Zimbabwe pacer Kyle Jarvis announces retirement from all three formats
Zimbabwe fast bowler Kyle Jarvis has announced his retirement from all the formats of international cricket. He was in no condition to provide his services to Zimbabwe due to his persistent illness and injury. Hence, he made this big decision announcing his retirement. His career has been a rollercoaster ride, from being picked up for international cricket just after the under-19 world cup to leaving zimbabwe to play for Lancashier to again leaving Lancashire to play for Zimbabwe coupled with facing a series of injuries in between.
But it was Kyle Jarvis’s spirit and his passion for the game that made him stick to the game as long as he could. In his international career spanning over a decade, he has played a total of 13 tests, 49 ODIs and 22 T20s, taking the 46, 49, and 22 wickets respectively.
He was going through three illnesses simultaneously; Covid-19, Malaria, fiver. He sought 6 months time to fully recover from the illness and return to international cricket but destiny had different plans for him and he came up with this announcement of retirement. The last match he played was the first test against Sri lanka in Jan 2020. He went wicketless in the first match but he suffered from the back injury and had to call it a quit for the reminder of the test to rehabilitate from the significant injury.
“I hurt my back against Sri Lanka in a Test match at the beginning of 2020,” Jarvis said in a media interaction. “I managed to come back and become fit again and just as I was starting to come back into it I got that illness which set me back further. After the uncertainty of that, I needed to realise I had to start looking for something for life after cricket. It wasn’t that I didn’t think I could come back again, but I had my mind set to start something on the side.”
Owing to his good performance in the under-19 world cup in the 2008, his entry into the Zimbabwe team was significantly fast tracked, he played his debut match for the team against Kenya in 2009. He was someone to be relied upon, then he made strides into the subsequent series against Bangladesh and South africa. But his luck was not with him and he suffered the bouts of injuries following which he was sidelined. His return to Zimbabwe coincided with Zimbabwe’s return to international cricket. He made the test debut against Bangladesh in Aug 2011 in harare where he managed to pick up the impressive 5 wickets in the two innings.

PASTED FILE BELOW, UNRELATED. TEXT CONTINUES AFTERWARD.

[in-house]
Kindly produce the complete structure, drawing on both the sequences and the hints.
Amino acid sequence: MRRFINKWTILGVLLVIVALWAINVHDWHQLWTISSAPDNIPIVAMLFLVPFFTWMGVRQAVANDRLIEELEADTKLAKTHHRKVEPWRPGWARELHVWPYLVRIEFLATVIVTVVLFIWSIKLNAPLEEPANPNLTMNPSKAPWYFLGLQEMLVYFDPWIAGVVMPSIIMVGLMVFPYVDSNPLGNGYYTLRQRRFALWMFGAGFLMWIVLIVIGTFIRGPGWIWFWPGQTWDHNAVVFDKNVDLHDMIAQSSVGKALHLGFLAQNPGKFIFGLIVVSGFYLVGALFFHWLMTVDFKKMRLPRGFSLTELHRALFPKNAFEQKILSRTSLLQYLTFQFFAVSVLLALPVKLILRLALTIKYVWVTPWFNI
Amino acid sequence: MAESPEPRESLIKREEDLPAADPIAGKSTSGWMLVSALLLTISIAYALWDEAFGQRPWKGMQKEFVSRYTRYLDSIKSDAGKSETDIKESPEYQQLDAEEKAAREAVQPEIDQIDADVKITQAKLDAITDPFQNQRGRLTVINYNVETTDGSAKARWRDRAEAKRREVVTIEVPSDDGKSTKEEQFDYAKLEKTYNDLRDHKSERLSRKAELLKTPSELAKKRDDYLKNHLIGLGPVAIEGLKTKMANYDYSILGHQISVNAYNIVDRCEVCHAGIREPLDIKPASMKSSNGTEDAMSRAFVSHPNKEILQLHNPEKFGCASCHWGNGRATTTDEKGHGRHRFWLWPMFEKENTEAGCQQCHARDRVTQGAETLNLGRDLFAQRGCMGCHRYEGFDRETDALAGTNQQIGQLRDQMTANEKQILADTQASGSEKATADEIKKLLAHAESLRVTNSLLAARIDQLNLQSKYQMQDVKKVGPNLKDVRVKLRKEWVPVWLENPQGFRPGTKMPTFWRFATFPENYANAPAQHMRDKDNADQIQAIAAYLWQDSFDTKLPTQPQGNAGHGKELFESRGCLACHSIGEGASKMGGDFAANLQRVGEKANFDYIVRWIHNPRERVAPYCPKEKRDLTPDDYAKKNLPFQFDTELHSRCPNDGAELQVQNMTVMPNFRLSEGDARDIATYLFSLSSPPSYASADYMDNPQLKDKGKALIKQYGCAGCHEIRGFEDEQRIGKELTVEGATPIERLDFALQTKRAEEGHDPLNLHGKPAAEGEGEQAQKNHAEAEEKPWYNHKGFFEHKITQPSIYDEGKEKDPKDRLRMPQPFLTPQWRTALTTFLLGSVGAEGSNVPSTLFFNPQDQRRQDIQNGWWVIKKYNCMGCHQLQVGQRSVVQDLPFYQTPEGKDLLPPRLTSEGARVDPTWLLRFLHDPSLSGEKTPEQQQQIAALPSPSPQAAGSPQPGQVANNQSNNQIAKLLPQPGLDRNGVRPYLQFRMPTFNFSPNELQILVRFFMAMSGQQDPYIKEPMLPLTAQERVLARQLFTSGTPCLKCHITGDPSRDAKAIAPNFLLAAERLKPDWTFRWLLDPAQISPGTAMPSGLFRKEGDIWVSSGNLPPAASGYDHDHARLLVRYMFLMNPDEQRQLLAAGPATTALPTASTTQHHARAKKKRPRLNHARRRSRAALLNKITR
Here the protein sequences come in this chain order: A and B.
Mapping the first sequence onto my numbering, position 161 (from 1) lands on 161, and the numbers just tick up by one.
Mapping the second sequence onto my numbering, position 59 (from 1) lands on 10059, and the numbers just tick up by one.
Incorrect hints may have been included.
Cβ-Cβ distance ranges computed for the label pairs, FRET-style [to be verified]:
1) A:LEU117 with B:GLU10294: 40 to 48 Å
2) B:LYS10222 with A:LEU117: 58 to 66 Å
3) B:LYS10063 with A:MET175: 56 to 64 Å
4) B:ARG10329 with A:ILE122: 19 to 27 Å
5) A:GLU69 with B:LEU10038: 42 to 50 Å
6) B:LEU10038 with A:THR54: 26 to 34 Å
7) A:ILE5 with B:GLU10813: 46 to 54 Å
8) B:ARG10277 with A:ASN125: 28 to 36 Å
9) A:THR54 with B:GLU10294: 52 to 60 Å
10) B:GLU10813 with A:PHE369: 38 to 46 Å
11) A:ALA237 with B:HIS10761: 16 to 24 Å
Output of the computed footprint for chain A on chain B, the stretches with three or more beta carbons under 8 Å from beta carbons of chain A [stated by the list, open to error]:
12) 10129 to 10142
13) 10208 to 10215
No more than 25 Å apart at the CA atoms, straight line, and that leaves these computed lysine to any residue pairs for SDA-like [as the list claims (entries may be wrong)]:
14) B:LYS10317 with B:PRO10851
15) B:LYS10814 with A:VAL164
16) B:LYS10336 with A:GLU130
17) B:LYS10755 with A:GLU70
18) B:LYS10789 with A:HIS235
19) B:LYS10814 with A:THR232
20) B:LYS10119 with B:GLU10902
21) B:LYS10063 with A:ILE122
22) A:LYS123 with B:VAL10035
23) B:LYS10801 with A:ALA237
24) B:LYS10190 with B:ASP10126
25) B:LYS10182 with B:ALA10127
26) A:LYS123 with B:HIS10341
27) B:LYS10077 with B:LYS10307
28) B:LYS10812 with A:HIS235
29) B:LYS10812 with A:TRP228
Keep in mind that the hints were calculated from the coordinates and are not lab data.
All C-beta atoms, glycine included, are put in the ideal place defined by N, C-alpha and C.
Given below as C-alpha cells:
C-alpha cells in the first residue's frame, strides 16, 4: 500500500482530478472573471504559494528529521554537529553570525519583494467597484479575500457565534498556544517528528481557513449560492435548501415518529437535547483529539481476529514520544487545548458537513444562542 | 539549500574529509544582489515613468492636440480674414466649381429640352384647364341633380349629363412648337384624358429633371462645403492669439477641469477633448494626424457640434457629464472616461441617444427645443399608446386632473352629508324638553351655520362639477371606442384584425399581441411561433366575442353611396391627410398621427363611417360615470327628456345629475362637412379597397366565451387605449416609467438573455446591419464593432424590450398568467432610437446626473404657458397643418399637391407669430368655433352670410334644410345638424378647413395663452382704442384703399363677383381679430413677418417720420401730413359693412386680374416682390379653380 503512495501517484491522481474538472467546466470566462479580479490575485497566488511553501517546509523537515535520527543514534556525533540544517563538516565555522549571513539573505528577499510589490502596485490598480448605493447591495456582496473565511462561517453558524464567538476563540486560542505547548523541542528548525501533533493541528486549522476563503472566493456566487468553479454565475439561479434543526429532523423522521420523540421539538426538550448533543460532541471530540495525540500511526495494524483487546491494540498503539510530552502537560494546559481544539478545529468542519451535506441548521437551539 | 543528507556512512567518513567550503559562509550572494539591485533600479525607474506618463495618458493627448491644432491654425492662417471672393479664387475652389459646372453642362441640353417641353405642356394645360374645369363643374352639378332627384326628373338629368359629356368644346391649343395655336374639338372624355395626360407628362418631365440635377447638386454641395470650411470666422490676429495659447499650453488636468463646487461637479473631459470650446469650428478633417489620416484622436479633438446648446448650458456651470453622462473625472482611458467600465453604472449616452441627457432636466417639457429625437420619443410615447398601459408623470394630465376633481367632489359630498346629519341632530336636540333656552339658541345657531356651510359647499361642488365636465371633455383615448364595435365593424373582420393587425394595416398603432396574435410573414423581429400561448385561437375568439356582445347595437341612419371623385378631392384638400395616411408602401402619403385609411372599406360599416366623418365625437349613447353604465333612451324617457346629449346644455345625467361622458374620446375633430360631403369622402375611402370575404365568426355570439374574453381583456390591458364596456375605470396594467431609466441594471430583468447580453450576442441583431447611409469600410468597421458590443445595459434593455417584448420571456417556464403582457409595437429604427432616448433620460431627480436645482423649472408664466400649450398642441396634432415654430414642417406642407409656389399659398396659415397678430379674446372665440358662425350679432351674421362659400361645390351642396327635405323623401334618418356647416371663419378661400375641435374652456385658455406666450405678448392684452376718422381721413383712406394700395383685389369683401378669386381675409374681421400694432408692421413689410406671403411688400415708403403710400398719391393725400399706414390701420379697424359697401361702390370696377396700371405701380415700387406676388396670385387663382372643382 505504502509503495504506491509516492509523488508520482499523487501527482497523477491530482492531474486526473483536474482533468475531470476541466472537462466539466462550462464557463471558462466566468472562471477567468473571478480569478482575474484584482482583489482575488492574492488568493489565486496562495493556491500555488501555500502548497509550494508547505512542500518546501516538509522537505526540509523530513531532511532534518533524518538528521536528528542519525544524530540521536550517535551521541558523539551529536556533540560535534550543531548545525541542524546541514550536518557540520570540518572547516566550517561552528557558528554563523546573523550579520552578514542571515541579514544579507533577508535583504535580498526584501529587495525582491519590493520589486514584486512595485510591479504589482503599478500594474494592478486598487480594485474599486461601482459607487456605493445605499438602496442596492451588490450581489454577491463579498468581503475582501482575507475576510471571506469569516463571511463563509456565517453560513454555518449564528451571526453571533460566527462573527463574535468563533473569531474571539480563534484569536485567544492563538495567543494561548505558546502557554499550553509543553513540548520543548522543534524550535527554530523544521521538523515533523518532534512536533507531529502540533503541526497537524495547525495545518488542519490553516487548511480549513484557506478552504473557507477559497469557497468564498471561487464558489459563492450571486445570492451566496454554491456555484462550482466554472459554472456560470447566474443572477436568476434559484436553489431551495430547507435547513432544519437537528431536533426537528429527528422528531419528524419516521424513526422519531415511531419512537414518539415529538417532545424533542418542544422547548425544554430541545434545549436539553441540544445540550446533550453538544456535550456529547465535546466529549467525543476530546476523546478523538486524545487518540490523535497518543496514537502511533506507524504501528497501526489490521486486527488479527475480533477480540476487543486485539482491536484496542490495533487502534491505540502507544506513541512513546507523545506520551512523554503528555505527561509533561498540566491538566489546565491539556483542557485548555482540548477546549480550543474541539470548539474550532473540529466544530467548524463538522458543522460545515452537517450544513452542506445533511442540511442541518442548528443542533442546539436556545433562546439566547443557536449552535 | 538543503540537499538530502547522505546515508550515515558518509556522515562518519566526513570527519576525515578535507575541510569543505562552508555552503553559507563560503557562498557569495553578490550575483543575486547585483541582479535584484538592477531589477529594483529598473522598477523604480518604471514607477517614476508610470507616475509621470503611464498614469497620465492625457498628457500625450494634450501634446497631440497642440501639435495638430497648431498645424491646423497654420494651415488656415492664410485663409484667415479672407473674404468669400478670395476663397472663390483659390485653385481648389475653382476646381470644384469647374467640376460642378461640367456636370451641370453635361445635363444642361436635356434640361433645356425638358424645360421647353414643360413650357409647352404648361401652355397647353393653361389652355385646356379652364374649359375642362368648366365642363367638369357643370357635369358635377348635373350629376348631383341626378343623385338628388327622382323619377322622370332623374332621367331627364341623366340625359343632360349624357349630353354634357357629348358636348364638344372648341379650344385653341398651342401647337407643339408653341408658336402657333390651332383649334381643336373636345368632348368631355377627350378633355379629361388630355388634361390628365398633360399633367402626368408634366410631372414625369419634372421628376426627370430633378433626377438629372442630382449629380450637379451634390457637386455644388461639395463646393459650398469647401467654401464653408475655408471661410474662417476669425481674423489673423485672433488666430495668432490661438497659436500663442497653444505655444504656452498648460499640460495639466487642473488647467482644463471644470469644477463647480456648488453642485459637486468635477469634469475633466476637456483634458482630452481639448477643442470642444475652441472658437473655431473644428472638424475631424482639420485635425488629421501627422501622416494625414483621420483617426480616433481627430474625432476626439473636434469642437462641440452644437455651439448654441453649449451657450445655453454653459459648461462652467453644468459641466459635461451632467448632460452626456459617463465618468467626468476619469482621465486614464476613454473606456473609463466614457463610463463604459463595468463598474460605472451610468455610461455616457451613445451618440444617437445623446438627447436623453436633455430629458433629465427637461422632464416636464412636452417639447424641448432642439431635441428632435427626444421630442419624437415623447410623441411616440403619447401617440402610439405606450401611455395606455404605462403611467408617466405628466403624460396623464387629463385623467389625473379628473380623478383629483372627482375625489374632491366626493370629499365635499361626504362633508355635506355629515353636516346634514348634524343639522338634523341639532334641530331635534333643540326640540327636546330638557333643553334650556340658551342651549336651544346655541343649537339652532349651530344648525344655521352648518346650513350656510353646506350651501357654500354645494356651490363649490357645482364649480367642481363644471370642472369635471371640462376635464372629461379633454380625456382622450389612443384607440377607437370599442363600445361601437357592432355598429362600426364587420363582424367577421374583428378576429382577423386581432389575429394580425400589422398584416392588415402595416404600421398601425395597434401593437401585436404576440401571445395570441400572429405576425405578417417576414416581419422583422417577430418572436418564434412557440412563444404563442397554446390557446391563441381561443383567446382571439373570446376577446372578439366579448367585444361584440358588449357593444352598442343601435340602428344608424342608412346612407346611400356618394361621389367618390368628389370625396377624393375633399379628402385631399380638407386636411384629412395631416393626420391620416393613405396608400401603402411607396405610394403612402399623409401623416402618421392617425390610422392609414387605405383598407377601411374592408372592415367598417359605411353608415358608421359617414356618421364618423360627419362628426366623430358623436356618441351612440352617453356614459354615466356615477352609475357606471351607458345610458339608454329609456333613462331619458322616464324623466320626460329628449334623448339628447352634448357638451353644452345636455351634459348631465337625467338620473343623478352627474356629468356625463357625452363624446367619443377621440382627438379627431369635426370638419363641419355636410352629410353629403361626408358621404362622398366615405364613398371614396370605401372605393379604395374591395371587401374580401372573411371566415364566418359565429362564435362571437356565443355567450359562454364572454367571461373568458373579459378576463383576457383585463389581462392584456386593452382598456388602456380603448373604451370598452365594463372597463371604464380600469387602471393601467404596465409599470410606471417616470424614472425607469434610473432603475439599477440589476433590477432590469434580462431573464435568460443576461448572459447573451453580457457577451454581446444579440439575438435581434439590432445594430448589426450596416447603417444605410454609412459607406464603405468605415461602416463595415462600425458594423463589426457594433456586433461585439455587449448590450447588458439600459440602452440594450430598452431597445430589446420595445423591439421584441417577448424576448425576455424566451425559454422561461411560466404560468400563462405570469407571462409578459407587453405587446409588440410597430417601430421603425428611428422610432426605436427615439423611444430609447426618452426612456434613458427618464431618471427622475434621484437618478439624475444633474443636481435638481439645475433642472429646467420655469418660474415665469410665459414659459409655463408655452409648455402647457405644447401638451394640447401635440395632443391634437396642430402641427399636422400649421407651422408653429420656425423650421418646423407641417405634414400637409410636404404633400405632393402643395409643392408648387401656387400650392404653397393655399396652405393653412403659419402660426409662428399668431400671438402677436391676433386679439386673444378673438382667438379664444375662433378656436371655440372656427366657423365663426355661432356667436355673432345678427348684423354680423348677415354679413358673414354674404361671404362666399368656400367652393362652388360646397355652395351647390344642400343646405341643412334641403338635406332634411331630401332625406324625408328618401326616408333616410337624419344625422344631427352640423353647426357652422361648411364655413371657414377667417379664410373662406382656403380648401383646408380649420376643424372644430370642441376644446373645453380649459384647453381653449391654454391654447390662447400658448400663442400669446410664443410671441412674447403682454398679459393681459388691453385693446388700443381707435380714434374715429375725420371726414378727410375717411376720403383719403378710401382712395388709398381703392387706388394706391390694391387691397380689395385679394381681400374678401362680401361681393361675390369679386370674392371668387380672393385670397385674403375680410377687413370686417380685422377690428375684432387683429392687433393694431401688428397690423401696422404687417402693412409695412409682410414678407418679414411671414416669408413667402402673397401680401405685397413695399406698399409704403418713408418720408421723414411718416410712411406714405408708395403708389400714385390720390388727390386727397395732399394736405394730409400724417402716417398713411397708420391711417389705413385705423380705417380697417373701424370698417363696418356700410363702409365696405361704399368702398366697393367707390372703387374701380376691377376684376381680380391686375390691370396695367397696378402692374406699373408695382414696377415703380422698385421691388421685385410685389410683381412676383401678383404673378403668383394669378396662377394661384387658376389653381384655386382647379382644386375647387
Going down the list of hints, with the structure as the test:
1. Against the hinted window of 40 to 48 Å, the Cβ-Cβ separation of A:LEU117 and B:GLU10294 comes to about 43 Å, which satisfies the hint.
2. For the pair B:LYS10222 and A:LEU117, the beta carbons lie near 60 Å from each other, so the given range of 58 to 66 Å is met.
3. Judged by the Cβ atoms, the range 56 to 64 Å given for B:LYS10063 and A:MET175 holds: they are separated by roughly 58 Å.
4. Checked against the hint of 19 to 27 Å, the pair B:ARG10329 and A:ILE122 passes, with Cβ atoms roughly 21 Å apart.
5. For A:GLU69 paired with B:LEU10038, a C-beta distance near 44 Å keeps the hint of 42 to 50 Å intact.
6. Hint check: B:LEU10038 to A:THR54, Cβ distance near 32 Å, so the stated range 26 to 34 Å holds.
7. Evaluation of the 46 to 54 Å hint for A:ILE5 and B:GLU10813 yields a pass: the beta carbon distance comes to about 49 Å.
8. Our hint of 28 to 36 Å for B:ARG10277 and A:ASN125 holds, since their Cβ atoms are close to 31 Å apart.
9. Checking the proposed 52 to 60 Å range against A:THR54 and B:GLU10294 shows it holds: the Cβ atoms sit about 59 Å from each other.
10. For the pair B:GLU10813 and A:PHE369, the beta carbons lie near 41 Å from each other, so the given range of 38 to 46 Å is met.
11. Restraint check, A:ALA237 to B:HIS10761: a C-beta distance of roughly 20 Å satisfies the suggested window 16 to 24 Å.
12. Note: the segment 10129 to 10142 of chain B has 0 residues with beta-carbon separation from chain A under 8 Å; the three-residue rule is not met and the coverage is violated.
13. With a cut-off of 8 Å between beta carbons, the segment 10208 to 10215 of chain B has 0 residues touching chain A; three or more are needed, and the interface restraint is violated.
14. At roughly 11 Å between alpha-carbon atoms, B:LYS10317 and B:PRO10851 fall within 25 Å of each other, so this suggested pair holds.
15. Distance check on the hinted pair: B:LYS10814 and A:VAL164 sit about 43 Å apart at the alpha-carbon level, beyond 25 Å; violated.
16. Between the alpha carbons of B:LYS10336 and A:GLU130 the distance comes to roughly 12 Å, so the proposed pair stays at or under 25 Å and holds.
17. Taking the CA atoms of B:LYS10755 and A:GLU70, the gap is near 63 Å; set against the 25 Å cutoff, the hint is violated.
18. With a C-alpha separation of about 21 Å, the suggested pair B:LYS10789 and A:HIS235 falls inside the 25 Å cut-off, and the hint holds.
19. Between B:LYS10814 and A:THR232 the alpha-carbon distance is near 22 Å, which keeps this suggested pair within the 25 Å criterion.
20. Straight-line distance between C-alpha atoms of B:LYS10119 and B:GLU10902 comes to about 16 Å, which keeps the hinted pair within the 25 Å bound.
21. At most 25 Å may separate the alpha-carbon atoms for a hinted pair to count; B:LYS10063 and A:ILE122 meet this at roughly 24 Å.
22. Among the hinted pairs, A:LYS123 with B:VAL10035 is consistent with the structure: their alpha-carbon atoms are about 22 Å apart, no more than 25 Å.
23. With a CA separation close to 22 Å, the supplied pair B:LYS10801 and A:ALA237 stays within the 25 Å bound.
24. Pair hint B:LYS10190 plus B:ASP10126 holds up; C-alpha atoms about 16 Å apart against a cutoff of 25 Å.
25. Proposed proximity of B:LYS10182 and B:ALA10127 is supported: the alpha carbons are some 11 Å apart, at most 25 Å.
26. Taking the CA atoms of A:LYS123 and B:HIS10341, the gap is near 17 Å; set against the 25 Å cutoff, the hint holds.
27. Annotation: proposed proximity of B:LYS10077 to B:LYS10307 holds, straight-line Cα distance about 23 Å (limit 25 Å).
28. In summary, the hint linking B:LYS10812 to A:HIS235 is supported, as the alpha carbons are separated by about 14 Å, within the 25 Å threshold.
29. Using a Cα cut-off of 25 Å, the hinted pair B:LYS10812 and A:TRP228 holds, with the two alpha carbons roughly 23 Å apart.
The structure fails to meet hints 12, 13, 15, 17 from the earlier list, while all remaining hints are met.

Jarvis picked up the first of his three Test fifers later that season when he claimed 5 for 64 against New Zealand and took it as a sign that he belonged. “A big one that sticks out is my first Test five-for in Bulawayo against New Zealand. That was a special moment when I knew I was good enough to play at that level,” he said.
But unfortunately, he left the Zimbabwe team to play for the Lancashire club as Zimbabwe cricket was suffering from a financial crunch and many of the players were not paid their salaries on time. In the hope of having financial security, he struck the deal with the Lancashire club and he soon managed to make a mark for himself as one of the most valuable players of the club at that time. His deal with Lancashire resulted in Jarvis not playing for the fifty-over World Cup. With the announcement of retirement, he will never finish his career without playing the fifty-over World Cup. Though, he played one T20 world cup in Sri Lanka for Zimbabwe.
In 2017, he ended his deal with the Lancashire club only to resume playing for his country Zimbabwe. Since his return, he has played a total of 5 tests, taking the 6 wickets at 25.12 including 7 for 98 in a match against Bangladesh in Dhaka in November 2018, 25 ODIs, in which he took 31 wickets at an average of 27.96, significantly lower than his overall average of 36.00. “I felt my last three years of international cricket were my best,” he said. “I am very proud of what I managed to do at the end there.”
Although his form was good, and he had completely recovered from both the injury and the illnesses, Jarvis said he had already made plans for an alternate career during the period.
“I made a full recovery from both. I train every day – in the gym, playing football or running. I can’t try and guess if I could play at the same level again. I think if I put my mind to it, I could but I have made peace with my decision,” he said.
While Jarvis plans to become involved in coaching, he also has several other business plans for the coming future.
“I’ve got a vehicle import-export business and a used car dealership here in Zimbabwe and I am starting a restaurant. It’s a bit crazy to be doing a restaurant in these Covid times but hopefully, we can get it together,” he said. “And hopefully I won’t be forgotten that soon. I’d like to give back and be a part of Zimbabwe cricket in some capacity going forward.”